Sensing Electric Fields: It’s a Vertebrate Thing! – #365papers – 2018 – 45

King, Hu, and Long, 2018, Electroreception in early vertebrates: survey, evidence and new information: Palaeontology, 1-34.

What’s it about?

Electroreception, the ability to detect electric fields such as those generated by other fish swimming nearby, is a common vertebrate ability. It has been argued that bone initially evolved to act as an insulator for electroreceptors to improve their effectiveness. This paper is a review of what the bone evidence for electroreception is, and shows that it appears unlikely that bone evolved first as an insulator in vertebrates.

Why does it matter?

Bone is a uniquely vertebrate feature, therefore its origins play an important role in what distinguished early vertebrates from everything else in the global oceans. If bone did not develop as an insulation for electroreception, then its actual origins and purpose will tell us a great deal about what makes vertebrates so special.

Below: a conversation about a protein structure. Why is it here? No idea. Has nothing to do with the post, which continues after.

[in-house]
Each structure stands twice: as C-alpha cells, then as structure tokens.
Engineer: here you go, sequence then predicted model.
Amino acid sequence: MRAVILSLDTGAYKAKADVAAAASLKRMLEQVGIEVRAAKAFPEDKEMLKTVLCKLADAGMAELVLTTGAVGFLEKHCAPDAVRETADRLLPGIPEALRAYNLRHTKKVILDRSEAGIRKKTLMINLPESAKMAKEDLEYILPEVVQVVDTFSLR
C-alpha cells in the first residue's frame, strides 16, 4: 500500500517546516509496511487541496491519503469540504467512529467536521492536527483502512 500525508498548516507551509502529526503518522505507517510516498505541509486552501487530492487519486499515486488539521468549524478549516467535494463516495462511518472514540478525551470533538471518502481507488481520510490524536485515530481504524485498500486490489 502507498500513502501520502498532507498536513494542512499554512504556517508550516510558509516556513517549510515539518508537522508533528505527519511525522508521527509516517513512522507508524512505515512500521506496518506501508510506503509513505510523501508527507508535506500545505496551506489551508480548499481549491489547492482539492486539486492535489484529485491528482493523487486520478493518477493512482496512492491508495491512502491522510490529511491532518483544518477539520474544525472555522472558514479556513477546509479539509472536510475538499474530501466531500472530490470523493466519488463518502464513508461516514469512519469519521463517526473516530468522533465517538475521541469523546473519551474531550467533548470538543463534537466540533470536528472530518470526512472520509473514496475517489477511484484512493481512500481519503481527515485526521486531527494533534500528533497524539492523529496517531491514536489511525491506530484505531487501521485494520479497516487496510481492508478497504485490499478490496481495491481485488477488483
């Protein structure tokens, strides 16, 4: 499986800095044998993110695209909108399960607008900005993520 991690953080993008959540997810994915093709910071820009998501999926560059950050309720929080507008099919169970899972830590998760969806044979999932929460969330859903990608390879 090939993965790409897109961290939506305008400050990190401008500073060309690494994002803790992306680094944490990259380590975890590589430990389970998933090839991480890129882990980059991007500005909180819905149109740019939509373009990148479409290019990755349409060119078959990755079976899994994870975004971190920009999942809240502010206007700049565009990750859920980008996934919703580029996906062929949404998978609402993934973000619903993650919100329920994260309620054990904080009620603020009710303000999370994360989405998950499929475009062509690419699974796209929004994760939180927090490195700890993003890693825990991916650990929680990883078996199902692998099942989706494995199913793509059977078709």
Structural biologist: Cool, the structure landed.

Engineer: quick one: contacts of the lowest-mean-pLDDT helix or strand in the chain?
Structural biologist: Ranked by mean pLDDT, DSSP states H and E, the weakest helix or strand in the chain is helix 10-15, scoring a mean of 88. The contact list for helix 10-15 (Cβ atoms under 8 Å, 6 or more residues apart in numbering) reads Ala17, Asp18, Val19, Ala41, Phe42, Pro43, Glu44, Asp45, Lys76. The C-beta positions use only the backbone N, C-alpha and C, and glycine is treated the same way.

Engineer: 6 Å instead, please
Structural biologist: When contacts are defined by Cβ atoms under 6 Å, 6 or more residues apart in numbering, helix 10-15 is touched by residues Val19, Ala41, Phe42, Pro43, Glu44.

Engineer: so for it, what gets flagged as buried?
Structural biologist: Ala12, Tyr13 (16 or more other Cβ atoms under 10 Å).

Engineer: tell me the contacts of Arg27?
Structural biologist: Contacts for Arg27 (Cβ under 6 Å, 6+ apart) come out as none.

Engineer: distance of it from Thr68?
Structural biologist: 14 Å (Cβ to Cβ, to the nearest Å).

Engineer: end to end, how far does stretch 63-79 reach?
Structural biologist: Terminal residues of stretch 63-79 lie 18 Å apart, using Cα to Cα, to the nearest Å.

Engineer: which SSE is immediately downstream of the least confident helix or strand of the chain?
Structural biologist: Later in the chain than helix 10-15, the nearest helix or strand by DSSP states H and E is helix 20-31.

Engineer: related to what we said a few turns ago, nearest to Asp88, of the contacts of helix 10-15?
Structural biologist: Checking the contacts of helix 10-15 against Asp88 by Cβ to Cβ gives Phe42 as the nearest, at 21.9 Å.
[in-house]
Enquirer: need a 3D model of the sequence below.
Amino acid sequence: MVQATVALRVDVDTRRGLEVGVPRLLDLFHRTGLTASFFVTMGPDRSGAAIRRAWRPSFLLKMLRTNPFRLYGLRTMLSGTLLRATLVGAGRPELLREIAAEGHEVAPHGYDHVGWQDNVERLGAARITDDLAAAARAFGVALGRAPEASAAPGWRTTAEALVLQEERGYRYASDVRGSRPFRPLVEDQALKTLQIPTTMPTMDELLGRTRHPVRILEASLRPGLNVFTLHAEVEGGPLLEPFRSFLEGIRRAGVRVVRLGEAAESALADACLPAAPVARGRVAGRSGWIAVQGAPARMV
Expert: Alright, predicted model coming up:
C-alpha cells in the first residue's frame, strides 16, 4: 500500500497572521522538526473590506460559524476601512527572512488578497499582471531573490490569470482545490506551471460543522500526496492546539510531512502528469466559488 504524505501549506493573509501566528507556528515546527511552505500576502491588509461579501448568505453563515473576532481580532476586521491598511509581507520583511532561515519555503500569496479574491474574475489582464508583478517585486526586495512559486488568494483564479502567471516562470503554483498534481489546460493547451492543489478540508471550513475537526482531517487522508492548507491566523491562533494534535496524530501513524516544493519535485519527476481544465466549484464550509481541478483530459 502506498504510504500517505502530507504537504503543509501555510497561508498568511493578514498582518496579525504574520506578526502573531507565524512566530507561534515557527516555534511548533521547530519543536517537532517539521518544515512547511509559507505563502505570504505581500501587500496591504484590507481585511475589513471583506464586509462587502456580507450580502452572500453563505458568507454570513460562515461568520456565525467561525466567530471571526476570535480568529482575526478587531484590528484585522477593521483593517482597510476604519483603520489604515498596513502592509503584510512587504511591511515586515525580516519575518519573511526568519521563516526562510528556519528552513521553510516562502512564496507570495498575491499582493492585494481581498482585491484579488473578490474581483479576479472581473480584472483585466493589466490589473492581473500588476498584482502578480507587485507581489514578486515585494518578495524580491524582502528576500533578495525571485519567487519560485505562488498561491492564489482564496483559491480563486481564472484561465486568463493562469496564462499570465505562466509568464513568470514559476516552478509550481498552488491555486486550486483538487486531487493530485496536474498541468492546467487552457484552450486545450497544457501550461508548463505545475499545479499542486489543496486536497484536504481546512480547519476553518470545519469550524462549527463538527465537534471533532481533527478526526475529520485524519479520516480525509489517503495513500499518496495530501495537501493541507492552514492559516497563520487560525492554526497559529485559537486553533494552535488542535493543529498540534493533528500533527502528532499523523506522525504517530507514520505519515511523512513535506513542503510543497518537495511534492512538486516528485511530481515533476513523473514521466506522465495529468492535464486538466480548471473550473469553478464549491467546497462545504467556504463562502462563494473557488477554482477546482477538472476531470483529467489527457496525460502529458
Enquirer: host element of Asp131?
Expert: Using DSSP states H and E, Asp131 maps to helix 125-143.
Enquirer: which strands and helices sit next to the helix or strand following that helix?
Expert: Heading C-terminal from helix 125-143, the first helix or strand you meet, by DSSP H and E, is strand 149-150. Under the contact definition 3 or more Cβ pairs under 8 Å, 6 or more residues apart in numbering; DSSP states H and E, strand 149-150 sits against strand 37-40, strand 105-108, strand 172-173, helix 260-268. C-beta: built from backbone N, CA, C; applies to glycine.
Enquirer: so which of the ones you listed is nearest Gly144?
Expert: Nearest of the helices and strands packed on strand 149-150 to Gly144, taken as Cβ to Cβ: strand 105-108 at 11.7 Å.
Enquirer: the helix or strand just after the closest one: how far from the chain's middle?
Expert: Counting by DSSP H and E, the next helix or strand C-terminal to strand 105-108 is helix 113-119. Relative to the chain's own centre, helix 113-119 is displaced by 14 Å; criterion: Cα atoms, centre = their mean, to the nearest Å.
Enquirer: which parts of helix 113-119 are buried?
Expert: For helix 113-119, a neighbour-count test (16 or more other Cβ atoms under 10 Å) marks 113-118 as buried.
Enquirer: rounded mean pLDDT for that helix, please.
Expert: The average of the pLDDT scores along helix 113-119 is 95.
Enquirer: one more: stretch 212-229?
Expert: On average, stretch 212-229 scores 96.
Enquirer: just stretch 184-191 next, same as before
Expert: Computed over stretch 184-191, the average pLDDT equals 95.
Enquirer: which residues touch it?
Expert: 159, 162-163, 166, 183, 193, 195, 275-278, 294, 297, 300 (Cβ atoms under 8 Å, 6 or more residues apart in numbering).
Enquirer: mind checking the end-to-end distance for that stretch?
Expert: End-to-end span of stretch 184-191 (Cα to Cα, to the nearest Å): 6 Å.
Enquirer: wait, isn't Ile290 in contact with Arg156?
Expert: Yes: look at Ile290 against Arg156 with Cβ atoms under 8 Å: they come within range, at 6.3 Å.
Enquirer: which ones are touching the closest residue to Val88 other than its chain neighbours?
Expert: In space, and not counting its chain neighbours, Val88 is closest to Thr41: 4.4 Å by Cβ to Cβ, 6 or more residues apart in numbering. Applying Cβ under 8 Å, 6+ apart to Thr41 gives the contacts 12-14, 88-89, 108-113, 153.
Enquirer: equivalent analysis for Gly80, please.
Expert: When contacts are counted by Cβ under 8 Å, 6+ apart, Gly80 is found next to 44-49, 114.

Why did I read this?

For better or worse, I have been teaching the bone-as-insulator hypothesis over the many years I’ve been teaching paleontology. I guess I’ll need to change that part of my lecture…

Published by paleololigo

Scientist (Paleontology, Geochemistry, Geology); Writer (Speculative and Science Fiction, plus technical and non-technical Science); Mom to great boy on the Autism spectrum; possessor of too many hobbies.

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